Credit Agricole: Expect only short-term volatility in EURSEK and see it trading nearer 10.10 by year-end, as well as saying that at best it may trigger a small delay to the Riksbank’s outlook.
Danske Bank: Hold a bearish view on the SEK, based on the election, Riksbank and inflation. Danske holds a 1-month target (as of Aug 24th) of 10.50 and a 3-month target of 10.60; both of the levels were breached last month.
Goldman Sachs: GS believe that the market response to the election is likely to be contained, adding that any possible spikes in market prices are unlikely to be persistent. GS suggests that if polling is correct, the largest bloc from the main two blocs will form a government and repeat the political dynamics over the past four years.
Nordea: Have recently closed their long EUR/SEK position and have instead decided to go short. The call was largely based on the potential for a hawkish read to the upcoming Riksbank meeting. However, Nordea adds that they believe the upcoming general election is overstated as a macro driver and look for a potential unwind of ‘SD hedges’ after the results are released.
Polls in Sweden opened at 8 a.m. local time (0600 UTC). Voters will be casting their votes Sunday in three separate ballots: The general election, regional elections and local elections. As many as 3 million Swedes are estimated to have already cast their ballot last month, when pre-voting opened on August 22. A handful of leading candidates used the opportunity to skip the queues, including incumbent Prime Minister Stefan Lofven of the Social Democrats (SAP).
All eyes will be on whether the far-right Sweden Democrats (SD) can emerge as the largest single party in a country known for its high quality of life and developed welfare state. Surveys suggest the SD could take around 20 percent of the vote, well above the 13 percent it scored in the previous election in 2014.
Overall, the polls predict political gridlock. The left-wing bloc, made up of the Social Democrats and Left Party, was backed by almost 40 percent of the vote, while the four-party center-right Alliance trailed narrowly behind on 38.5 percent. That means some form of “grand coalition” between the center-left and the Alliance may be necessary to break the deadlock, unless one of the groups agrees to govern with the Sweden Democrats.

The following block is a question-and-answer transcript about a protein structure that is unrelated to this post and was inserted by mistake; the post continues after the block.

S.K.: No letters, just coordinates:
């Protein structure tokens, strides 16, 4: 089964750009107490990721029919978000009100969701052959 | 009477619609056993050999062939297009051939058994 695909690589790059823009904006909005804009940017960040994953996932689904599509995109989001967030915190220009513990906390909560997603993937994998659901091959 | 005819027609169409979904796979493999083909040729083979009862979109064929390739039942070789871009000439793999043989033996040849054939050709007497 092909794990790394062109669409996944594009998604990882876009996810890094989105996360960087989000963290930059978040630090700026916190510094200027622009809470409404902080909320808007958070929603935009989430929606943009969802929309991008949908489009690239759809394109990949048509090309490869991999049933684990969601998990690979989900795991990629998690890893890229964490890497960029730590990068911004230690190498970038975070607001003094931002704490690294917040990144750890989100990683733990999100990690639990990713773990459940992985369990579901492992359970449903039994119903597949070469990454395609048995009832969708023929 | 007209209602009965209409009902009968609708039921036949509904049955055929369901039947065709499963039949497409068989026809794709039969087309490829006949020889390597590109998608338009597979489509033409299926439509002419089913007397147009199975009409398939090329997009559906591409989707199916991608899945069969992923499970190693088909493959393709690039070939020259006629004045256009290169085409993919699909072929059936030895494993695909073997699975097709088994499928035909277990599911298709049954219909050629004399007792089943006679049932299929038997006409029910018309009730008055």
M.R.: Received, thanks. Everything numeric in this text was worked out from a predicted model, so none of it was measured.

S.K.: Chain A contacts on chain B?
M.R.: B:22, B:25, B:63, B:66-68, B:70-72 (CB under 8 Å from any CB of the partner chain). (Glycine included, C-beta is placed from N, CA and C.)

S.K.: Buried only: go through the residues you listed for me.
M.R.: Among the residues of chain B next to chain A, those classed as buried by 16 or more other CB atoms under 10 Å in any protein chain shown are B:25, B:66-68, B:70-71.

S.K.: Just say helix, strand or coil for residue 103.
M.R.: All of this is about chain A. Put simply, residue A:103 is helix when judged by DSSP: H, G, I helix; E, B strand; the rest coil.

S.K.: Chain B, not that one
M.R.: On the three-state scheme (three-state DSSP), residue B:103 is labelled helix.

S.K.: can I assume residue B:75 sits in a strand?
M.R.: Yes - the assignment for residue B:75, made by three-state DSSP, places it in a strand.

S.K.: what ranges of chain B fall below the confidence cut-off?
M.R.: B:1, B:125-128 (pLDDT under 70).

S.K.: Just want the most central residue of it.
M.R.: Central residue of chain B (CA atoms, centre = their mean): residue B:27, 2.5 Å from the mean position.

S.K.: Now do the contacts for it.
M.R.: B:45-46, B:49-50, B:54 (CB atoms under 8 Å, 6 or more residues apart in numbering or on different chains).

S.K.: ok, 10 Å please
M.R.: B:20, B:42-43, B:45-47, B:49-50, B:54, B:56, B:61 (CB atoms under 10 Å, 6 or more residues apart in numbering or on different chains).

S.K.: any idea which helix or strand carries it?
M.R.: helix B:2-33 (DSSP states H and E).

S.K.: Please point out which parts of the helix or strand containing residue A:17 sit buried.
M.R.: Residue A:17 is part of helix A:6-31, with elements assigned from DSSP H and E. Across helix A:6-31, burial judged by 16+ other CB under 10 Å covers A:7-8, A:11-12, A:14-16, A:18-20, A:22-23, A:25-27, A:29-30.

* * *
As Bloomberg notes, establishment party leaders took the last moments of the campaign to warn voters that the political turbulence will be far from over come election day, and that they can expect hard talks in the days or weeks ahead on forming a viable government. All parties have vowed not to seek the support of the Sweden Democrats. The tension has showed no signs of subsiding, with an eruption of vitriol between the smaller pro-immigration Center Party and the nationalists in Friday’s last big debate of the campaign.
Center Party leader Annie Loof voiced loud protests as Sweden Democrats leader Jimmie Akesson said that immigrants find it hard to get jobs because they’re not Swedish and “don’t belong.” Asked again about the controversy on Saturday, Loof said that Akesson showed “his true face yesterday.”
But Loof also said that Prime Minister Stefan Lofven should step down immediately if it becomes clear his Social Democrats have lost power, in order not to slow down the process of forming a new government. “If he steps down tonight that process could start tomorrow morning,” she told newspaper Expressen. “If he doesn’t resign, we will vote him down in a couple of weeks.”
Ulf Kristersson, head of the conservative Moderate Party and front-runner to become the next prime minister, said integrating refugees is key for Sweden to maintain its extensive welfare state. “This is something that erodes Sweden’s social contract,” he said. “So many people could do so much good in our country, if we just had a well-functioning integration.”
On the other hand, the angry response to Sweden’s immigration problem is precisely why the country’s nationalist movement is ascendent, as the labor market has had a tough time absorbing the inflow of about 600,000 people over the past five years. Unemployment among the foreign-born is about 20 percent, compared with just above 6 percent overall. This has led to a surge in violence in the past few years, much of it at the hands of recent immigrants.
Saying he had slept well, Prime Minister Lofven – whose political career may end as soon as today – early on Sunday left the prime minister’s residence in central Stockholm to go vote with his wife, Ulla. After casting his ballot, he reiterated that the election amounted to a referendum on the welfare system. It’s also a vote “about decency” with the Social Democrats as a guarantor of not allowing an “extremist racist” party to gain influence, he said to reporters.
We now await the results.